Sandeep Kataria, Anuradha Khodake, Sailie Shirodkar, Nagendra Shah, Ajay Dudani, Karobi Lahiri

Our Patient has Retinal Vascular Occlusion: What should be Done? (Retinal Vascular Occlusions)

[Year:2019] [Month:October] [Volume:61 ] [Number:4] [Pages No:291-299]


ABSTRACT


Retinal vascular occlusive diseases are often associated with a variety of systemic disorders including arterial hypertension, diabetes mellitus, dyslipidaemia, systemic vasculitis, atherosclerosis related thromboembolism and thrombophilic disorders. Various types of vascular occlusions are categorised on the basis of the site of occlusion and on the type of consequent vascular damage. All present with painless diminution of vision. Clinical and fundoscopy characteristics, prognosis and, at least in part, therapeutic approach depends on both the site of vessel occlusion and the type of consequent vascular damage. Changing treatment paradigms necessitate early and appropriate diagnosis and treatment of the condition.

OUR KID PATIENT HAS GLASSES: WHAT TO DO? (REFRACTIVE ERRORS IN CHILDREN)

Neepa Dave, Sahil Mhatre, Trupti Khaladkar, Jyoti Dodhi, Roma Vakade, Karobi Lahiri Coutinho

Our Kid Patient has Glasses: What to do? (Refractive Errors in Children)

[Year:2019] [Month:October] [Volume:61 ] [Number:4] [Pages No:300_303]


ABSTRACT


The most common reasons a child needs to wear glasses are:

  1. To improve vision and help the child to function better in his environment, by correcting refractive errors.
  2. To help straighten eyes that are crossed or misaligned, (strabismus or squint)
  3. To help strengthen a weak or lazy eye.
  4. To protect one eye, if the child has poor vision in the other.
It is important to remember that during early childhood visual system is growing and developing and glasses can help ensure normal vision development.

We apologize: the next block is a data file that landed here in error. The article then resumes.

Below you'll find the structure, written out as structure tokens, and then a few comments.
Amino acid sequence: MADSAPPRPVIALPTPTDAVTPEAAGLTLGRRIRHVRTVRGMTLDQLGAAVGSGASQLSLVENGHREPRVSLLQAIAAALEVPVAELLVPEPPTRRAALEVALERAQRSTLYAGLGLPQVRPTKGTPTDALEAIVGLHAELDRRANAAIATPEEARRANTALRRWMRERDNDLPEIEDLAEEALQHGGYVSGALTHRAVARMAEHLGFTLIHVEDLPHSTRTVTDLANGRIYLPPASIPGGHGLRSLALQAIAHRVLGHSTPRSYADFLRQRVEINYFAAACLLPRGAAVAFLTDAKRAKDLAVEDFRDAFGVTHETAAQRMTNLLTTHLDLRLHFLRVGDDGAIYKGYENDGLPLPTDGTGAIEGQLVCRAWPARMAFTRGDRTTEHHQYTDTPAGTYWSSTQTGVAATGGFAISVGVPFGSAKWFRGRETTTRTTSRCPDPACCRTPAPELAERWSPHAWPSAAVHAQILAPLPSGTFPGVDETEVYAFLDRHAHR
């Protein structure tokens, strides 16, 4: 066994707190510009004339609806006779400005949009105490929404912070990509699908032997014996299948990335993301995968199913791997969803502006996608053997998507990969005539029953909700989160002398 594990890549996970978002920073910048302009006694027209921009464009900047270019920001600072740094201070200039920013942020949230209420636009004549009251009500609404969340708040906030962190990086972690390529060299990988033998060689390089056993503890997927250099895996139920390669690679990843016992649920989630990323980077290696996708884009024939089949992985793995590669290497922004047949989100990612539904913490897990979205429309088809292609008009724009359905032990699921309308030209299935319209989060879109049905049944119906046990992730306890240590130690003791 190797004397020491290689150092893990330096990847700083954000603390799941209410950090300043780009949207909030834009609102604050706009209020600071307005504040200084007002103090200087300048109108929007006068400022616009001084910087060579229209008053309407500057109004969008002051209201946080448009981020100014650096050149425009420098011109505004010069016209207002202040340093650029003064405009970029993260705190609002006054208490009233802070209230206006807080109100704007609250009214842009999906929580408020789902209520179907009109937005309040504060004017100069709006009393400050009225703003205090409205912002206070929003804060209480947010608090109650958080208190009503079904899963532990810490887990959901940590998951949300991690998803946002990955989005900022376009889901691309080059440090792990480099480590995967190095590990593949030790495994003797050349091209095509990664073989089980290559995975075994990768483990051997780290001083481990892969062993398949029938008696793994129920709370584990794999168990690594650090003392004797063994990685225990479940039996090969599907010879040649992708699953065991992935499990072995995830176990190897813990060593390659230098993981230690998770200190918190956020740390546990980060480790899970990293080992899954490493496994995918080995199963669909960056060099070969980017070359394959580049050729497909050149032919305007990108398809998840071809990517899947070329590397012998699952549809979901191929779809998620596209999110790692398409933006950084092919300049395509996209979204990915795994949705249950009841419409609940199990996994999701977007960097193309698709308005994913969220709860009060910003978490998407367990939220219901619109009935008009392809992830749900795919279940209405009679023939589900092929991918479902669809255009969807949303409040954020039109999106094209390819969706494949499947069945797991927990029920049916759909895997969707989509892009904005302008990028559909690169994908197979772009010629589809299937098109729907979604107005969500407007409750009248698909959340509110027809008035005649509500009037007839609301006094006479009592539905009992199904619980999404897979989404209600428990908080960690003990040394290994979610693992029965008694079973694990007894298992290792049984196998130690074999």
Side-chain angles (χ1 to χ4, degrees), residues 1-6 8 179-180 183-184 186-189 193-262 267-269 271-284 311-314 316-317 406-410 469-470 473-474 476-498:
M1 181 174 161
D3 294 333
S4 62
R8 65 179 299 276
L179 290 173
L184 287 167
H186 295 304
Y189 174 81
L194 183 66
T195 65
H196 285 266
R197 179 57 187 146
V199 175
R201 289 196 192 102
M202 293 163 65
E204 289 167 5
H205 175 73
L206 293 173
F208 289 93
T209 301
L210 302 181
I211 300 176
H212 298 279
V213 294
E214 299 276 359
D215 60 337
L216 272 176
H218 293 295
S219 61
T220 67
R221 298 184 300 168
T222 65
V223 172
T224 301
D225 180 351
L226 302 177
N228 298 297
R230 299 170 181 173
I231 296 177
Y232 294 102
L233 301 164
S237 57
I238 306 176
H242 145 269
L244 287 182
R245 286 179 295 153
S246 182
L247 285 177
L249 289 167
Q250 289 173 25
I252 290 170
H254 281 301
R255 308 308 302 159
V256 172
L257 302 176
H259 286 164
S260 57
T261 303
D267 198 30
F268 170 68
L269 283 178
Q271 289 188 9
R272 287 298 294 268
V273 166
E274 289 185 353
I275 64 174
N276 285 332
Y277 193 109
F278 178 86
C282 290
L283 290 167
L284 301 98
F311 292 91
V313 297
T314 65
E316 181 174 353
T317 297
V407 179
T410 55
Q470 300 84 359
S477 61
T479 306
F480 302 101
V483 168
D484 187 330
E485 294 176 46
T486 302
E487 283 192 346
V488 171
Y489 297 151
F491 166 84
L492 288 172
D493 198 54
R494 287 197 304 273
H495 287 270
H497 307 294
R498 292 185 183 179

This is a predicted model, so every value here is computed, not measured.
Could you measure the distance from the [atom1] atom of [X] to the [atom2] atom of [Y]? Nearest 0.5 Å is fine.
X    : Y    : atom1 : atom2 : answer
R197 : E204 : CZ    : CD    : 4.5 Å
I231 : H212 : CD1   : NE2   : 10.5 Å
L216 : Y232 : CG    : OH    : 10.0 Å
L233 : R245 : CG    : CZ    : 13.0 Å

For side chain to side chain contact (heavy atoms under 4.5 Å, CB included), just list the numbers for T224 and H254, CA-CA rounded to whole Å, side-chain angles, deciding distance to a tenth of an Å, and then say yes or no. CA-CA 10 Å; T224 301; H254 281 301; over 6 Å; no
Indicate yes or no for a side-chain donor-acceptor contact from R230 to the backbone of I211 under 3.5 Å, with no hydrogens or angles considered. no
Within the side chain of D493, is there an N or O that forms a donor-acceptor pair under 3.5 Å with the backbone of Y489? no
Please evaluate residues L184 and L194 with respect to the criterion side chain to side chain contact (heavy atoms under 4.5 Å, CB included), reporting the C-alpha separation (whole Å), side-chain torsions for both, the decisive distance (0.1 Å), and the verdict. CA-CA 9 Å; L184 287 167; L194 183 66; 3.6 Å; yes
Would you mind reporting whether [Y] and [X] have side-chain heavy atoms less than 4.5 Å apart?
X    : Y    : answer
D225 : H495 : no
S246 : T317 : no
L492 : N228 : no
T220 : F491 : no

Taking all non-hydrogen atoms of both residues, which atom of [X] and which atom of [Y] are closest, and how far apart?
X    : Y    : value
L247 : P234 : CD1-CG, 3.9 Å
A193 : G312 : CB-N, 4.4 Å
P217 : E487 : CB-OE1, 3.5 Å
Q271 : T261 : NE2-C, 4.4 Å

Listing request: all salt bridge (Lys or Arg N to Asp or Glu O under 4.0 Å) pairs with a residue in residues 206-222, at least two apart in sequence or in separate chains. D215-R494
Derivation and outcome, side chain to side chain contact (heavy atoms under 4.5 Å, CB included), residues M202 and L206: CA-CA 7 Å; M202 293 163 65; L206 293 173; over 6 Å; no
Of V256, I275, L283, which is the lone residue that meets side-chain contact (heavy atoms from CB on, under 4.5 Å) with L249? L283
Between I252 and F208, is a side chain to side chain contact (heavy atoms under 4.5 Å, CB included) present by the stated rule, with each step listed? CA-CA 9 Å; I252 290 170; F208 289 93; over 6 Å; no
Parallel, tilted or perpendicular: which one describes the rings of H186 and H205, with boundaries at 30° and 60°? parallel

Glasses are most commonly used to treat refractive errors.
Refractive errors in kids include nearsightedness (difficulty seeing things that are far away), farsightedness (trouble seeing things close by), and astigmatism (distorted vision caused by an irregularly shaped cornea).

OUR PATIENT IS A PREMATURE BABY: IS AN EYE CHECK REQUIRED? (RETINOPATHY OF PREMATURITY)

Karobi Lahiri Coutinho, Anisha Rathod, Priyanka Sathe, Roma Vakade, Sailie Shirodkar, Neepa Dave

Our Patient is a Premature Baby: Is an Eye Check Required? (Retinopathy of Prematurity)

[Year:2019] [Month:October] [Volume:61 ] [Number:4] [Pages No:304-309]


ABSTRACT


What is Retinopathy of Prematurity?
Retinopathy of prematurity (ROP) is a developmental disorder that occurs in the incompletely vascularised retina of premature infants and is an important cause of blindness in children in both the developed and the developing countries. Why should we worry?

OUR KID PATIENT IS A CHALLENGED CHILD: WHAT TO DO? (VISUAL ASSESSMENT IN NEURO-DEVELOPMENTAL DISORDERS)

Karobi Lahiri Coutinho, Sailie Shirodkar, Trupti Khaladkar, Anisha Rathod, Roma Vakade, Priyanka Sathe, Neepa Dave

Our Kid Patient is a Challenged Child: What to do? (Visual Assessment In Neuro-developmental Disorders)

[Year:2019] [Month:October] [Volume:61 ] [Number:4] [Pages No:310-313]